Last week I wrote a post talking about the start of the anti-PVCu narrative online. If you haven’t read that, you can catch up on it here:¬†

I warned that it would get worse and that our industry has to be on the front foot when it comes to these kinds of comments and narrative. Well, it has started to get worse already. I think it’s already upon us, perhaps quicker than I thought it might be.

Social media comments

Take a look at these kinds of comments, posted on the Eurocell Facebook page:

Credit: Eurocell

Those are just a selection of the types of comments now being posted to social media from the general public. In this case, on the Eurocell Facebook page.

On the surface, they just look like flippant comments based on the general media coverage right now. But it’s not. It’s an early sign of the changing attitudes. And often, when trends start on social media, it’s not that long until they make it on to the mainstream media, like TV and radio.

When the narrative begins to change, it’s inevitable that it won’t be too long before we start to see a tangible change in the real world. The seriousness of this cannot be understated. This could cost companies, both installers and fabricators, sales.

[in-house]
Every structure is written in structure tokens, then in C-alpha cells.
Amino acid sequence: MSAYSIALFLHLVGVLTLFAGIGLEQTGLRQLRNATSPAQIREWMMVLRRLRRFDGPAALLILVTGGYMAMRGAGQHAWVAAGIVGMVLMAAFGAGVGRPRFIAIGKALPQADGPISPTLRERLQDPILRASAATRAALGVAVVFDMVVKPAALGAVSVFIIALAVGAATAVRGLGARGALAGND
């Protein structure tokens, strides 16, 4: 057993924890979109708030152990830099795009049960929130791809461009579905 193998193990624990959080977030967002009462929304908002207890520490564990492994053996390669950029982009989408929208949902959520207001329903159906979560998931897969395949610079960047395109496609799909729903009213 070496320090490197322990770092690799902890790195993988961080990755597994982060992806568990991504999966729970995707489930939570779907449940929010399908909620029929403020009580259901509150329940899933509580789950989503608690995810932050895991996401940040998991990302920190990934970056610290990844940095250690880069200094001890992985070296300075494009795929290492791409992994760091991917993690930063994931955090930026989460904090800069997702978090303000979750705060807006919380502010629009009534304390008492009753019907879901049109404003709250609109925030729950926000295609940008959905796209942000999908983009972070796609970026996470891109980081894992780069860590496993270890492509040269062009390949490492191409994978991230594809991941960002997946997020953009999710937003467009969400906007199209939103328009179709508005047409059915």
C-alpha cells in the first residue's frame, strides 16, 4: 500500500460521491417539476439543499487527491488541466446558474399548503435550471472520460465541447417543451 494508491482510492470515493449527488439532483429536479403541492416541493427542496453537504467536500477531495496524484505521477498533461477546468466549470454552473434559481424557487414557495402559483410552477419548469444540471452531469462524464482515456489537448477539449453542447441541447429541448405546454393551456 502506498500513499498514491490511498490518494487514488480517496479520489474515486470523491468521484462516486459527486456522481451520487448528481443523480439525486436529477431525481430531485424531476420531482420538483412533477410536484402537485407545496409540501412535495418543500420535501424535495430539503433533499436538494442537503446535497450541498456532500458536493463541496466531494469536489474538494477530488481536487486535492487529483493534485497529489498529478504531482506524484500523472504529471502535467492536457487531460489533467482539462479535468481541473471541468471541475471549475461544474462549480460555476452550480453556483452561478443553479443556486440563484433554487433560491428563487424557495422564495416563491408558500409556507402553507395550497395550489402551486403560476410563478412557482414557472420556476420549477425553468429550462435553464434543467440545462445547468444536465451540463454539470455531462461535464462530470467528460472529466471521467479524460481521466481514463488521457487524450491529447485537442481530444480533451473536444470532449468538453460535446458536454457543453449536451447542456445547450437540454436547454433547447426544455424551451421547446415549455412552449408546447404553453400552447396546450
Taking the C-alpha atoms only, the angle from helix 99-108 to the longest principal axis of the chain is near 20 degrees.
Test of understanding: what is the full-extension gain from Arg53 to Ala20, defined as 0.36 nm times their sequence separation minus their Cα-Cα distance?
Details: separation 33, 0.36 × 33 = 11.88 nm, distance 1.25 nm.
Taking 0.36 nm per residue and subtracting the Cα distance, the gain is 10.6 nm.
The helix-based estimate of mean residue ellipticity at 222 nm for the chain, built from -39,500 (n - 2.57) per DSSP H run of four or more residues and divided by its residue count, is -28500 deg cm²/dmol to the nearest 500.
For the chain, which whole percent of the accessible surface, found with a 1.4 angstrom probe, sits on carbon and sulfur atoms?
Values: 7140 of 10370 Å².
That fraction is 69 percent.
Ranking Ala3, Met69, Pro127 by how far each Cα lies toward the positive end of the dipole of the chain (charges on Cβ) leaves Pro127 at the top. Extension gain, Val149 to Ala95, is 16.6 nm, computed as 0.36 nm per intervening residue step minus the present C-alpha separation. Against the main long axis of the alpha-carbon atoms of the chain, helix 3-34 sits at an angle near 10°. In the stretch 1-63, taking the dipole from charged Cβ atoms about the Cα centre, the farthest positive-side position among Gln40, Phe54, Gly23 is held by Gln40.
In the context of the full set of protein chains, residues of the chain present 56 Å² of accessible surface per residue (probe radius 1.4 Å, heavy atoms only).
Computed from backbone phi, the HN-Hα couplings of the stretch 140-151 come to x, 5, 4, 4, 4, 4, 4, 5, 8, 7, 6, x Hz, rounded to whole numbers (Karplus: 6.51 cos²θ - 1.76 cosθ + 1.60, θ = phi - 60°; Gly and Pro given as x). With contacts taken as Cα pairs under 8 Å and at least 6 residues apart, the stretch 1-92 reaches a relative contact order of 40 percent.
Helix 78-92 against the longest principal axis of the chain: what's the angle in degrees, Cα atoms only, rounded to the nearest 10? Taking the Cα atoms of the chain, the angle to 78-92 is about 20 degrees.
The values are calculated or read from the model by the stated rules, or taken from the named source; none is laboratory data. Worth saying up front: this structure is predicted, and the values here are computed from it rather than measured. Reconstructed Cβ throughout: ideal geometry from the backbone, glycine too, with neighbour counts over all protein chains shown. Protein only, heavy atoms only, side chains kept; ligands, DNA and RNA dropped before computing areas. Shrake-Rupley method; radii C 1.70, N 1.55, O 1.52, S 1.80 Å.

The industry has to be moving into gear now to get a head start on what’s coming.

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Joint effort

Remember, PVCu still dominates the residential market massively. Both aluminium and timber, although growing in sales, are way behind in comparison. The PVCu residential market supports thousands of companies and tens of thousands of jobs. If this part of our sector was to be hit in sales by even just ten percent, that will be hundreds of jobs lost of companies closing their doors.

There is no need for that to happen. PVCu can be made in a sustainable way. It has already been proven that the compounds required to produce the raw materials of it can be made from rape seed, cutting out the need for oil. It has already been proven that PVCu can be recycled up to ten times, giving the material a lifespan of around 300 years. It’s thermal benefits are obvious. It’s low maintenance. PVCu as a window material works. Where we have to be better is in the production of it and the recycling of it.

It also needs a joint effort. That means installers, fabricators and systems companies all mucking in and doing what they can to ensure that PVCu and it’s benefits do not get drowned out by the hype and the narrative. Yes our industry has a lot of work to do to make it much more environmentally friendly, but to get rid of it as an option would be highly damaging too.

To that end, I have something in the pipeline I hope to share with you soon. It won’t change the world, but it will be a small step in the right direction of getting the nature of the conversation right.

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